Health chiefs facing legal fight over cheaper eye drug

From BBC - October 31, 2017

Health chiefs face a legal fight over plans to give a cheap drug to patients with a debilitating eye condition.

Twelve clinical commissioning groups (CCG) in the north of England want to offer Avastin to people with wet age-related macular degeneration (AMD).

It has been licensed by the European Medicines Agency (EMA) but not specifically to treat AMD.

Pharmaceutical firms Bayer and Novartis are threatening legal action, claiming prescribing it "undermines" guidelines.

Bayer produces Eylea and Novartis produces Lucentis, which are both licensed to treat AMD.

Bayer said it had to "act to challenge the decision taken by these CCGs" and was "currently considering its position including the possibility of legal proceedings".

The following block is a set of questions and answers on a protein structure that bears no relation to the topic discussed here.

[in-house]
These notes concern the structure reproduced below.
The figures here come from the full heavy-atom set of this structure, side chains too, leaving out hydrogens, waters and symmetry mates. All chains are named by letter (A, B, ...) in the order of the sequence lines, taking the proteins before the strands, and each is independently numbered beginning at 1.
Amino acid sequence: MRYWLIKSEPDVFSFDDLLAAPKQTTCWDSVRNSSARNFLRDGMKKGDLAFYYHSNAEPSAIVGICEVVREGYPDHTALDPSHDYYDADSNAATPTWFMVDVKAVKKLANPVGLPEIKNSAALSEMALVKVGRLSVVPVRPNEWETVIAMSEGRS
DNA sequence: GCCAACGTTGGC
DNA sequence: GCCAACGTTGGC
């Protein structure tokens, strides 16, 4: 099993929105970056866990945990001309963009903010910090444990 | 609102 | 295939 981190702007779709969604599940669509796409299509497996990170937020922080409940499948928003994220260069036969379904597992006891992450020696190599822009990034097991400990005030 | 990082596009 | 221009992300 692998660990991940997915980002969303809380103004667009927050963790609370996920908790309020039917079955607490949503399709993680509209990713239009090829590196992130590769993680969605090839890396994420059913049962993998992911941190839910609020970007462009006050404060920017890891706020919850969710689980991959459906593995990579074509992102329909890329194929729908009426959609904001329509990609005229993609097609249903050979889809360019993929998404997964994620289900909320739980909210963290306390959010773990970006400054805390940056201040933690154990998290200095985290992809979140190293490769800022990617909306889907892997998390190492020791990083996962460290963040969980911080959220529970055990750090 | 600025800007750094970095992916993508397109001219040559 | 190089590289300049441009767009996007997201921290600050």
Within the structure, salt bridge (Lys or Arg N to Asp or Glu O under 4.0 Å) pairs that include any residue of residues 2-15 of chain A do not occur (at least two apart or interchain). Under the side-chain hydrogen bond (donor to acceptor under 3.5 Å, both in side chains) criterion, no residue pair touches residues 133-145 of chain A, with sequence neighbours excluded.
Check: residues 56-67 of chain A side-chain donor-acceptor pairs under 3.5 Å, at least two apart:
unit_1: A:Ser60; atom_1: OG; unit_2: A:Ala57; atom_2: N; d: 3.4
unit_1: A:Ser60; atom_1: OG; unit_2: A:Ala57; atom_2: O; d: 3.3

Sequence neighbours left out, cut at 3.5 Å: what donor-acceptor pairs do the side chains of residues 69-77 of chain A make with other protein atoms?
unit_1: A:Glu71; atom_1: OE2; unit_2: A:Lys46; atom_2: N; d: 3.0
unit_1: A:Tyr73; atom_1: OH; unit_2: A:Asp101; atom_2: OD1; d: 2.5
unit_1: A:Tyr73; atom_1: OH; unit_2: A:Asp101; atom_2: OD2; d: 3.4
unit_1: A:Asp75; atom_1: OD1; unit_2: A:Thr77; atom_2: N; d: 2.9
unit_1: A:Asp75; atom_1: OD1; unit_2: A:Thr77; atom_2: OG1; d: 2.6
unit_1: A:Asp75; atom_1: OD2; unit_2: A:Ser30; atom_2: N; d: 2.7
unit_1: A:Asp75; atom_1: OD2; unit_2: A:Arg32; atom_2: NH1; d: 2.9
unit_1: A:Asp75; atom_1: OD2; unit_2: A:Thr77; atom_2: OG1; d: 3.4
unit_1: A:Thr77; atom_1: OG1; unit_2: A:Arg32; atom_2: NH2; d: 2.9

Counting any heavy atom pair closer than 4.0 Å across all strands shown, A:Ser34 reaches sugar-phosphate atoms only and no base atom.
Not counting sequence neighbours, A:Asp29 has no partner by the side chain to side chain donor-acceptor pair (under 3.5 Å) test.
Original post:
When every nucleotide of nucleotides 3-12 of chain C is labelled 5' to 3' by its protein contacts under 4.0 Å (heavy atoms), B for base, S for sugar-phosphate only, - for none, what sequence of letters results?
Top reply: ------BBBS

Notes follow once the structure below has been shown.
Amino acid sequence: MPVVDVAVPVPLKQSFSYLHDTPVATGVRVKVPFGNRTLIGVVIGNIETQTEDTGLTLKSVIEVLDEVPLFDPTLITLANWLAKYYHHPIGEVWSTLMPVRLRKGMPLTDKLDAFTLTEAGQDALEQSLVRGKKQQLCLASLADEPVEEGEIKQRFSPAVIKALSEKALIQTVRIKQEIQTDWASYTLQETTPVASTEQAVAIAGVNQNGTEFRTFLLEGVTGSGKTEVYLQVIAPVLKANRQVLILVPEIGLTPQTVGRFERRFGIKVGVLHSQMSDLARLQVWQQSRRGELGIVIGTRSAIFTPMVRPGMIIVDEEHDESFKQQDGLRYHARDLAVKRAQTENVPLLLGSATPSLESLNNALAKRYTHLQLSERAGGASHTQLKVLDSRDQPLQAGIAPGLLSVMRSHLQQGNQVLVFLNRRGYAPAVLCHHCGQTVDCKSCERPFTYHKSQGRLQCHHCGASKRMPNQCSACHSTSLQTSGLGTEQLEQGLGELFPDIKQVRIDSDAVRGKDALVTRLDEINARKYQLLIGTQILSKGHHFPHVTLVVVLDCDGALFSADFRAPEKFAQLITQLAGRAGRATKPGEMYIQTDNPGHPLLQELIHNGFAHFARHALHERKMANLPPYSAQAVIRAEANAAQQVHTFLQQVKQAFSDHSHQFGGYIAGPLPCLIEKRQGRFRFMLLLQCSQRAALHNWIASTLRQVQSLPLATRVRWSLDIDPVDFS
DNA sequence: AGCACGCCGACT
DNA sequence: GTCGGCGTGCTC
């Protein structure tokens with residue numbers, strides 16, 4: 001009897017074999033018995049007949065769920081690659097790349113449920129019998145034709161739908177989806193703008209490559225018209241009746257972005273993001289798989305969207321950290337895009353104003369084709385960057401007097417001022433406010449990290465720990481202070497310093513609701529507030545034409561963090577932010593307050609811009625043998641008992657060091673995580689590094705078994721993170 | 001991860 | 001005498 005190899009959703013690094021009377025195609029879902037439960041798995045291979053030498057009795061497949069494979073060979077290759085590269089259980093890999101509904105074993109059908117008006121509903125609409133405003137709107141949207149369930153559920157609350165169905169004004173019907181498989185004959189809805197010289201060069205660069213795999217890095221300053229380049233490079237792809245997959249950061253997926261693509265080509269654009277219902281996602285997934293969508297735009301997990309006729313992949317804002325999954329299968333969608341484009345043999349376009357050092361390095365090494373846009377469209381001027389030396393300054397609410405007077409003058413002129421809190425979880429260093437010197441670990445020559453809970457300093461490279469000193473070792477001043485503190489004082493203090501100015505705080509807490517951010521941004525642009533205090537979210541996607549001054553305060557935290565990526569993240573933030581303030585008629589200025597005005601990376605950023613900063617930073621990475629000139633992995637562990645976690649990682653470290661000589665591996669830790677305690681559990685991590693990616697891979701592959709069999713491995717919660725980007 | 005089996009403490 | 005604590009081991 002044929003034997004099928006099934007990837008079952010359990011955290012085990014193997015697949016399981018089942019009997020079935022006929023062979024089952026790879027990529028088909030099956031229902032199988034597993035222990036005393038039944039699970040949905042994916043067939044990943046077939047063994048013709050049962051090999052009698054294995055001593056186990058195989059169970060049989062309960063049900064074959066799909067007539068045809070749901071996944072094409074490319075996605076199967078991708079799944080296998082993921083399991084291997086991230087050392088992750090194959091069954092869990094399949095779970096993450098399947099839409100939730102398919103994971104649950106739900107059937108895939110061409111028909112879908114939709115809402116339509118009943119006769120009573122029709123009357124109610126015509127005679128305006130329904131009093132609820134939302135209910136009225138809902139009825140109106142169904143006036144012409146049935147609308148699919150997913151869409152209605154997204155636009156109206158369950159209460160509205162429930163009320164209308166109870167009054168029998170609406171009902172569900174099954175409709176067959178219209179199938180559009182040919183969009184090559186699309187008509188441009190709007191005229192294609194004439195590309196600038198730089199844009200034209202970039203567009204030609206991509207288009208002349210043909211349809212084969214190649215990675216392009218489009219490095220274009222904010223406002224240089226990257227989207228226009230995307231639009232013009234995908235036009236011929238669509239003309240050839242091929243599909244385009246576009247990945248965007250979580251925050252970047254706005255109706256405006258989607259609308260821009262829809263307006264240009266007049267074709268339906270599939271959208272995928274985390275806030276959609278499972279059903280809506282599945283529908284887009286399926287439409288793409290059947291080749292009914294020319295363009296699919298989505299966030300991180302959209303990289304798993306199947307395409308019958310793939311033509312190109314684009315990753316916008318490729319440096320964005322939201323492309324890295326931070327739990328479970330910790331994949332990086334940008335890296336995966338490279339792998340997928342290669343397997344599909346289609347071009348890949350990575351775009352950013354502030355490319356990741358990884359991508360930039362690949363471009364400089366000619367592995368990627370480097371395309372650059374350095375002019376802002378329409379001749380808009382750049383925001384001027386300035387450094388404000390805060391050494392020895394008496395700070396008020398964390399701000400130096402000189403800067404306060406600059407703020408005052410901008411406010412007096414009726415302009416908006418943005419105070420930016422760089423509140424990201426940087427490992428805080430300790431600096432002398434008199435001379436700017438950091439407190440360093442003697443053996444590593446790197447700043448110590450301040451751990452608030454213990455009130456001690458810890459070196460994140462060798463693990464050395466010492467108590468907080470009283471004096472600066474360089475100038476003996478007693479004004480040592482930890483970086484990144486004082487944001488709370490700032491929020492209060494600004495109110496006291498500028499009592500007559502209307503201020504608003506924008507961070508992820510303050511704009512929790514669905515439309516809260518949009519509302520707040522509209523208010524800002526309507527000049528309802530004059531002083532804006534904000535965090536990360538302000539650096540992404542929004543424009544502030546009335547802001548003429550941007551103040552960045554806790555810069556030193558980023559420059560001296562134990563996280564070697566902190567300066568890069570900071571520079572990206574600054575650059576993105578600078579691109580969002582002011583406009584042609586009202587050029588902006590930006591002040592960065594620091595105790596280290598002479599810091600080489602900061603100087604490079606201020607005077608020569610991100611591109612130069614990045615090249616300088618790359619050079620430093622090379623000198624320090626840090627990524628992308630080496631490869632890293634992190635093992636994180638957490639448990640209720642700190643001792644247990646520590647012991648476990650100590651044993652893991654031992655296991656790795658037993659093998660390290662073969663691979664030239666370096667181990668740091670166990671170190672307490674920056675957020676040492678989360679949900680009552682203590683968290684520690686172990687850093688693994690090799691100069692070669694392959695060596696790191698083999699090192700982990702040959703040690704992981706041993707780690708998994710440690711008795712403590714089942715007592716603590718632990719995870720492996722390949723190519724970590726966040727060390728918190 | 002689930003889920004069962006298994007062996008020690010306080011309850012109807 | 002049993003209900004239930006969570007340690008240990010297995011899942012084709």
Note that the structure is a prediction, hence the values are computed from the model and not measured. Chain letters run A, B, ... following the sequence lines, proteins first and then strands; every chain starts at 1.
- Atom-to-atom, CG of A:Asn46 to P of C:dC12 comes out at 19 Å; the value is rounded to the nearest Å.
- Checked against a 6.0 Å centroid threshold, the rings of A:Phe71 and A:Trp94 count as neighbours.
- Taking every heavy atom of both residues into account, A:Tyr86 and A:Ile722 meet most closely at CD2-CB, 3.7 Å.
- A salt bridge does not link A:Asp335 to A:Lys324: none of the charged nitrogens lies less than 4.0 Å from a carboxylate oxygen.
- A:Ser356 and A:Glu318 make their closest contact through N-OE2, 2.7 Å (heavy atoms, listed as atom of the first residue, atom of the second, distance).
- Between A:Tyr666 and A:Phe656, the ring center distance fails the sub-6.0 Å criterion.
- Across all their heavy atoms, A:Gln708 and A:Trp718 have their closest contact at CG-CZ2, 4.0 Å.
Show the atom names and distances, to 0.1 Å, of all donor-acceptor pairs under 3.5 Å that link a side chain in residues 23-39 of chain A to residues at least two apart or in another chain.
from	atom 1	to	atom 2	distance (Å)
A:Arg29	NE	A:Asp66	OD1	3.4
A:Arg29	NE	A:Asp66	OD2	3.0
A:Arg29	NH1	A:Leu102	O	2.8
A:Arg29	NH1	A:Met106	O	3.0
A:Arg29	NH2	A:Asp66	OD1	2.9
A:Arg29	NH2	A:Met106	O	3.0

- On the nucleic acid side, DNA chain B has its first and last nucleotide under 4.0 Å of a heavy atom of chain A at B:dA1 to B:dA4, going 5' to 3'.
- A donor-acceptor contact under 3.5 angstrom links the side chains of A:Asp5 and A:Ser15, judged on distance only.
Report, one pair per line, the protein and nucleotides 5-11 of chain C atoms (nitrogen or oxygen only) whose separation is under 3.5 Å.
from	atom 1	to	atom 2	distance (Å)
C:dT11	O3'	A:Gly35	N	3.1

Roche, which holds the rights to Avastin, said licensing takes time and money better spent on the research and development of future treatments.

The 12 CCGs said clinical trials showed Avastin was suitable and could save them up to 13.5m a year within five years.

South Tyneside CCG chief officer Dr David Hambleton said this could "pay for an extra 270 nurses or 266 heart transplants".

Some estimates suggest a national switch to Avastin could save the NHS around 500m per year, the BMJ reports.


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